Now is the time.
We have so many good things in the cooler right now. If you want to make a spring salad, go for it: peas and favas abound, and we also have Mapleline Dairy buttermilk, if you’re inclined towards a ramp and buttermilk dressing. If you’re thinking asparagus, you should be: jumbo and standard grass from King’s Crown in Stockton, CA are here and sitting right next to the fresh Oregon morel mushrooms in our cooler. Topped with fresh cage-free duck eggs from Hershberger Farms in Maine?Solid move.
86/Gapping: Paul’s Greek Yogurt- expected mid-April; Baby Artichokes very sporadic availability- will remain sporadic for the season; Carolina Coarse White Heirloom Grits- expected mid-week; Red Flint Floriani Grits- expected early next week; black trumpets done for the season; County Line Chicories done for the season.
Coming Soon: If you’ve been thinking about upping your grain game, we’ve got good news: we are bringing in some excellent, stone-ground organic wheat and other grains from Maine that are milled to order, for us, starting in mid-April. Why do you care? Because you want your loaves to be beautiful, nutty and special. Because you want to put as much thought into your flour as you do your other produce. Because you want to try making pasta with things like rye, buckwheat and spelt flour. Because a triticale berry (think wheatberry, but a rye-wheat hybrid) salad sounds like just the thing to change up to from farro right about now. Stay tuned.
Soom Tahini, also expected in mid-April. What makes this tahini special? If you’ve spent any time in the middle east, you know how seriously good tahini is over there. But in the same way that hummus in a plastic package will never live up to freshly-ground hummus you can get in the streets of east Jerusalem (preferably chased with some Moroccan mint tea), the leaden tahini here doesn’t hold a candle to the super-fresh, pure taste that Soom tahini already has straight out of the jar, before you do a damned thing to it. Already the proper consistency, it’s not a paste so much as a sauce–that you’ll want to start using on everything. If you’ve ever looked at a jar of tahini and thought about adding a touch of it to something and said “nah, it’s too pasty and I’ll have to thin it out and re-emulsify it and it’ll be a whole thing,” get this stuff. You can now be spontaneous with your tahini, and don’t have to worry that the new garde manger cook is going to burn out trying to re-emulsify it.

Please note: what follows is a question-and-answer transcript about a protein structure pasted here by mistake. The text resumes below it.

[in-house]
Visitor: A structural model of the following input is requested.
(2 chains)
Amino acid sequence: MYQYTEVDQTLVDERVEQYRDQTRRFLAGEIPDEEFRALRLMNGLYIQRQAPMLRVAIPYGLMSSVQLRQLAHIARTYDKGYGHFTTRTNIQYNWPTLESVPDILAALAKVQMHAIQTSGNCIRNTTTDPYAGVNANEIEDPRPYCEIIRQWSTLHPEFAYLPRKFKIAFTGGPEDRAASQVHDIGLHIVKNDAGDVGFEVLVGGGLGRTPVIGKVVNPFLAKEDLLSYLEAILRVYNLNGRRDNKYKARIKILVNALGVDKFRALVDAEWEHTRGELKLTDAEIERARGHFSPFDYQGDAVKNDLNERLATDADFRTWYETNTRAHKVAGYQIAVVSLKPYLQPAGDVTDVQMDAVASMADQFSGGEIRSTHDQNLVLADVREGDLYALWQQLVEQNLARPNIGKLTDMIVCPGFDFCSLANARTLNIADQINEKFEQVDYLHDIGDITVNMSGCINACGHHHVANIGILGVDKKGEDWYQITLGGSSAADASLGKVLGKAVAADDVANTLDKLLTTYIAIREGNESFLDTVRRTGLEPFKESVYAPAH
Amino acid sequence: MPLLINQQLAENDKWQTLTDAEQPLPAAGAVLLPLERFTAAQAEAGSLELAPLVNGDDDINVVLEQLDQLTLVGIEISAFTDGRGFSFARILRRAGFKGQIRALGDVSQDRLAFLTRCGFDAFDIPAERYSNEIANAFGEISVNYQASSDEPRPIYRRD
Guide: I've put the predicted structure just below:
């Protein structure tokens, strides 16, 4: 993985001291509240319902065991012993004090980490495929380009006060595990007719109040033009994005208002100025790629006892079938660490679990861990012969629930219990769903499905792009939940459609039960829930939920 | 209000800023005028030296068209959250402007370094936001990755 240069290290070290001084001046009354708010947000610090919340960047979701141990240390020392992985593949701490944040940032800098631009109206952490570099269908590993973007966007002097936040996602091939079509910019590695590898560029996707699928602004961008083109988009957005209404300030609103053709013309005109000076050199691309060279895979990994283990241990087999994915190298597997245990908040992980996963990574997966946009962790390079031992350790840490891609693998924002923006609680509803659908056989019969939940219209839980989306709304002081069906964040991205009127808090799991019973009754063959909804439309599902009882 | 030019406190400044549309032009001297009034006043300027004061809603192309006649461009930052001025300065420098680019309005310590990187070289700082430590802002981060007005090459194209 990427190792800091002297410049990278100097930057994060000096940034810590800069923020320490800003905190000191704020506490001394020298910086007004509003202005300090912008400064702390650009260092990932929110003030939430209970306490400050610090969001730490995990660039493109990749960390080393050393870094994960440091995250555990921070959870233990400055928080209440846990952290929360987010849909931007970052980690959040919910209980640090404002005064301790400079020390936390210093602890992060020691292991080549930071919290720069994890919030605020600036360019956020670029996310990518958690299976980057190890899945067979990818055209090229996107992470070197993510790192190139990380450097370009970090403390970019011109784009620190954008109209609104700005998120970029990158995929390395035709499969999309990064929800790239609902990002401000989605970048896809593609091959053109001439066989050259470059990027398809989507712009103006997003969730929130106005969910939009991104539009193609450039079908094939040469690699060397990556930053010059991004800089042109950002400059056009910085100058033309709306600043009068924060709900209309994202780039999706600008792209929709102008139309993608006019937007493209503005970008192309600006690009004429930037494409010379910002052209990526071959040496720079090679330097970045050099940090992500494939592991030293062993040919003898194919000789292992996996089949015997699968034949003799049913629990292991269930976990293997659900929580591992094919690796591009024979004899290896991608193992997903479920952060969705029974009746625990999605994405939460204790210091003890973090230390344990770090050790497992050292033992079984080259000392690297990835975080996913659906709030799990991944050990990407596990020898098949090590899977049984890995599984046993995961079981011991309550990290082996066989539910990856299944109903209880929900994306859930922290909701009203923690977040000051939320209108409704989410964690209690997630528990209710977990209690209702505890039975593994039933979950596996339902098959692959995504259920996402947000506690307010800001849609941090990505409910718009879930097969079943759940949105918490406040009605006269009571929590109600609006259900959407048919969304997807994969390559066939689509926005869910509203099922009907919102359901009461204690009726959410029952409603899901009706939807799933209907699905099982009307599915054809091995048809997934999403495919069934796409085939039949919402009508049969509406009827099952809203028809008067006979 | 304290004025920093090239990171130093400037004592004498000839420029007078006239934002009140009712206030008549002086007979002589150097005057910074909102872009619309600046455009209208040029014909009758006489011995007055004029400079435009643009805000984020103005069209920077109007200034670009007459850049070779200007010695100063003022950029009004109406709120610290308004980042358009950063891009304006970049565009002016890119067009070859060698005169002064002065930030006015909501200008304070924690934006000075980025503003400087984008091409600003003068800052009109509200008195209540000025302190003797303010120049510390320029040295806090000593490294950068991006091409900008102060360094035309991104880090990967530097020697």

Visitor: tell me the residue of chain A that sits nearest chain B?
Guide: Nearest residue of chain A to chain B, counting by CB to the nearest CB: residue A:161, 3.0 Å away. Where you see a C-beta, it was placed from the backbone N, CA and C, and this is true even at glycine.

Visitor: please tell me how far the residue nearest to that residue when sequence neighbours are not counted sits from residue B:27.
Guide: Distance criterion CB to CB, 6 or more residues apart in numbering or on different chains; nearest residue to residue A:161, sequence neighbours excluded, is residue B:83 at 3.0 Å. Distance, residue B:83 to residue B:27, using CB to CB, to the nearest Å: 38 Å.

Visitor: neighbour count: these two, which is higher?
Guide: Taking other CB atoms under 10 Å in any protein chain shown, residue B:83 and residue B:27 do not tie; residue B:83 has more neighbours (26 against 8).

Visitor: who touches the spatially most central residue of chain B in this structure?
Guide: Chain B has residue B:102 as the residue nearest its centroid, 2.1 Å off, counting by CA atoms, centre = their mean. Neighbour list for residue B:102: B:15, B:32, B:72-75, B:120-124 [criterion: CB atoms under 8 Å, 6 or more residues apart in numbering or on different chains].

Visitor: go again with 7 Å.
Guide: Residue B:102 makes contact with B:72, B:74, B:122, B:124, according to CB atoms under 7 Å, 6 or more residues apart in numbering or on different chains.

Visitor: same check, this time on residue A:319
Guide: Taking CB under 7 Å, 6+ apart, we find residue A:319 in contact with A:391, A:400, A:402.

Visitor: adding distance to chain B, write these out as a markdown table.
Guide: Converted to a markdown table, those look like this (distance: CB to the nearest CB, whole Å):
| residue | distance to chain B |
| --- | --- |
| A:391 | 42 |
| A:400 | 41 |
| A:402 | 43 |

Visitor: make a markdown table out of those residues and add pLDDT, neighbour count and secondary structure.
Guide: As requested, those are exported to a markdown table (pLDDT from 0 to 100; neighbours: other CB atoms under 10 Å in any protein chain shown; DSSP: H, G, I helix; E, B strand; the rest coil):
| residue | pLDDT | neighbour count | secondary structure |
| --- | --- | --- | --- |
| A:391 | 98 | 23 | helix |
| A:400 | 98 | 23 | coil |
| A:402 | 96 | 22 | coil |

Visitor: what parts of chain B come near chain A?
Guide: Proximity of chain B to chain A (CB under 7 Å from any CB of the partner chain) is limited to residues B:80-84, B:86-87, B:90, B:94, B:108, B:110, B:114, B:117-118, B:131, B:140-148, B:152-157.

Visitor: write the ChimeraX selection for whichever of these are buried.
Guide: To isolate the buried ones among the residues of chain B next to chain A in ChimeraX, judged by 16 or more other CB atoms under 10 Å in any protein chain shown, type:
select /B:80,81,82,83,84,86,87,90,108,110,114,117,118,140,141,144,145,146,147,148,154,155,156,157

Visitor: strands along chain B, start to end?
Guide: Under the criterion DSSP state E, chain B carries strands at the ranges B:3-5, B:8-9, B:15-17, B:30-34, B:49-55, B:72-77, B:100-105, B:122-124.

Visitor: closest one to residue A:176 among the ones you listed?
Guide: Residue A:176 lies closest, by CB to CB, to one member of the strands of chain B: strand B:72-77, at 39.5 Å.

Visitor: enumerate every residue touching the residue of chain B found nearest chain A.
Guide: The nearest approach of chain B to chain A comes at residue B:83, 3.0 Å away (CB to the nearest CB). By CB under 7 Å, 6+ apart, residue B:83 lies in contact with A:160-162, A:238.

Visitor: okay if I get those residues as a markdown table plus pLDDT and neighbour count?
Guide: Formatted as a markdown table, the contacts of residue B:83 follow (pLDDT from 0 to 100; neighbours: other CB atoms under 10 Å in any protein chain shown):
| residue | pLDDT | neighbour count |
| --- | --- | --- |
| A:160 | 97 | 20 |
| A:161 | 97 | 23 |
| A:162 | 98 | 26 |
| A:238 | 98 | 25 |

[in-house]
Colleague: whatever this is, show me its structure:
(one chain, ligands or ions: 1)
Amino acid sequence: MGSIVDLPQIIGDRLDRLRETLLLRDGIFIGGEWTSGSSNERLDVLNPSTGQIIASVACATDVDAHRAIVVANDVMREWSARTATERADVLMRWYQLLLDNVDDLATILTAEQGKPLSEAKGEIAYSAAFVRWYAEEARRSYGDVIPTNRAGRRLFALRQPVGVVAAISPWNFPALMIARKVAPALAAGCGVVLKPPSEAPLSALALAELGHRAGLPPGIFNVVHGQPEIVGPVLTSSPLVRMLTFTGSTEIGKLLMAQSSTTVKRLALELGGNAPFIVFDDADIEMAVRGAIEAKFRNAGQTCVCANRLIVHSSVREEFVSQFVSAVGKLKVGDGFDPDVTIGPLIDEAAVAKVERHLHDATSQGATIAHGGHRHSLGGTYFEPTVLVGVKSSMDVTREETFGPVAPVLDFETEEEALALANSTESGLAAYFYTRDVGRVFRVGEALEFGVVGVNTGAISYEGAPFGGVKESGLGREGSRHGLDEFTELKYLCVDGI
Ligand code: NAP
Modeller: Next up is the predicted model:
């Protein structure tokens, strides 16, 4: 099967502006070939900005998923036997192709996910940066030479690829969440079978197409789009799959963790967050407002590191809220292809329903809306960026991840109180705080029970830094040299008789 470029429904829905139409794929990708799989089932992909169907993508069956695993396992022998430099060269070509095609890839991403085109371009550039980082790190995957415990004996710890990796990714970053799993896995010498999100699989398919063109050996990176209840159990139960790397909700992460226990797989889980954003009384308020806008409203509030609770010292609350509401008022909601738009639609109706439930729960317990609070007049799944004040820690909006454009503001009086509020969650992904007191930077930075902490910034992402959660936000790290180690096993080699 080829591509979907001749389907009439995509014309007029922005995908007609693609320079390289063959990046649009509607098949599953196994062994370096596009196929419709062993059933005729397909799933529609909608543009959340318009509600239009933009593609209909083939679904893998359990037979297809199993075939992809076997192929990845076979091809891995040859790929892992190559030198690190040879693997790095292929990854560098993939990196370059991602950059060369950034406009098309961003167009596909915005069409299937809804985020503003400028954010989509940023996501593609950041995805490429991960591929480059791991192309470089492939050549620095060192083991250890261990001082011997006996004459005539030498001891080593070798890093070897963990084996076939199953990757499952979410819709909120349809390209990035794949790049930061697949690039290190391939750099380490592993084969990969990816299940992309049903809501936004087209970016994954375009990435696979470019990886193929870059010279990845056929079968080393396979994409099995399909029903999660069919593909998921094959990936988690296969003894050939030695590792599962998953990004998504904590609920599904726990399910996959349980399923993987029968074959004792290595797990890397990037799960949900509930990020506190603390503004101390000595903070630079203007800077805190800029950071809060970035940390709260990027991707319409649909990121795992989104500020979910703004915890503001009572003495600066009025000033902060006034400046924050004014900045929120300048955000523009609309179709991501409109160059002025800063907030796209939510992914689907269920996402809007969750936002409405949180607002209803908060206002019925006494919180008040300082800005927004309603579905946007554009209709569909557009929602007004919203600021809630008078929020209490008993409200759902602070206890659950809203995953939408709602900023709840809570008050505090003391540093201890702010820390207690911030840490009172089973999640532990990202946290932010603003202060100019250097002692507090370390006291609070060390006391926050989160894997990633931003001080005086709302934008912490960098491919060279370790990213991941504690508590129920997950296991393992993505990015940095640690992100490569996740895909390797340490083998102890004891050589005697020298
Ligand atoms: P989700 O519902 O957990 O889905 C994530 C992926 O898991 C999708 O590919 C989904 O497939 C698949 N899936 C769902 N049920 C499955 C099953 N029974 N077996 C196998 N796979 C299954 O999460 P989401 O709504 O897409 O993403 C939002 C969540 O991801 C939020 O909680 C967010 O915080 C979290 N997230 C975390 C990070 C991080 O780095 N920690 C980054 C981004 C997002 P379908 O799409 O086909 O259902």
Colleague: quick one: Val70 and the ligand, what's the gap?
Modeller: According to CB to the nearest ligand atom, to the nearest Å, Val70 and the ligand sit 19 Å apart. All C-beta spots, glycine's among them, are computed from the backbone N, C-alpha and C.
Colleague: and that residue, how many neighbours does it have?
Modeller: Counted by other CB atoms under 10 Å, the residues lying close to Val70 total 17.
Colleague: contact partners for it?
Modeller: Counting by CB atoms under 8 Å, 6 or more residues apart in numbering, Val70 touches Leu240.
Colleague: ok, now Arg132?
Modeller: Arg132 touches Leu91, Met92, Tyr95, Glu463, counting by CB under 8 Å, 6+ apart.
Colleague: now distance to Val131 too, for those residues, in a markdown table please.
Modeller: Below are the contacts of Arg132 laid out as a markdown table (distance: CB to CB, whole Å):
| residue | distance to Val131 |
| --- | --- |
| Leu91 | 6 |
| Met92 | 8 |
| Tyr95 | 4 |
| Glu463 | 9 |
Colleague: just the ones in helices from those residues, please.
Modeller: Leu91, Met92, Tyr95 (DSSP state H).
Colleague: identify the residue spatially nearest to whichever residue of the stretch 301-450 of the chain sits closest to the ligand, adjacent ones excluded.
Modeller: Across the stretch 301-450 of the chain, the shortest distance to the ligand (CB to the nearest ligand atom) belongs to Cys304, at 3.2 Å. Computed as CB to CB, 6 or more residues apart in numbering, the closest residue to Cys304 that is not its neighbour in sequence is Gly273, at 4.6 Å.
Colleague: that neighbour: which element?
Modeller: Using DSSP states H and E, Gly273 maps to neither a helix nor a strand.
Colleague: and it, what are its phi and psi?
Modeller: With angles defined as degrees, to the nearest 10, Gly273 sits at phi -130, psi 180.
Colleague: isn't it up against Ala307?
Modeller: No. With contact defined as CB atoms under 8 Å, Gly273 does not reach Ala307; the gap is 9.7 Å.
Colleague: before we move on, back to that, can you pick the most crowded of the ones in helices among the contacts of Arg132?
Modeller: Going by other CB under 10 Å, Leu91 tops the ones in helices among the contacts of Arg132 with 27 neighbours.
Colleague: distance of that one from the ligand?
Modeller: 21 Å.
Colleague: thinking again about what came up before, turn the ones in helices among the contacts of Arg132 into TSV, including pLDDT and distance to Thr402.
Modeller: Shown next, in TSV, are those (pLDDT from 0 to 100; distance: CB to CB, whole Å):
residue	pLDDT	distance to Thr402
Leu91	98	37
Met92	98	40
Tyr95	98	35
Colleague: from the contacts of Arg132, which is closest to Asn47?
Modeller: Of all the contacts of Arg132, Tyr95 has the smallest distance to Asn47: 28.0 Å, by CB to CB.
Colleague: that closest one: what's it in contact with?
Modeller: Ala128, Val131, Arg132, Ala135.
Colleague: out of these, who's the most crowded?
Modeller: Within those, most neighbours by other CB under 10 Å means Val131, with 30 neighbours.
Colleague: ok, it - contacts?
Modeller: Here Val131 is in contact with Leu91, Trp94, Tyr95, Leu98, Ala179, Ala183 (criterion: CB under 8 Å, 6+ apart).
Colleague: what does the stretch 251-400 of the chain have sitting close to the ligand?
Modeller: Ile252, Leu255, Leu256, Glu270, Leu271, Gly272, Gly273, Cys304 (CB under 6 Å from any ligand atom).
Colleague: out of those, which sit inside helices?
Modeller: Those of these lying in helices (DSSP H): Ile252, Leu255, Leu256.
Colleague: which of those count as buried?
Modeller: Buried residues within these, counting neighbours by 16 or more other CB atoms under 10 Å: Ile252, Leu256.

NOW IN SEASON
Green Garlic from Knoll Farms
Still going strong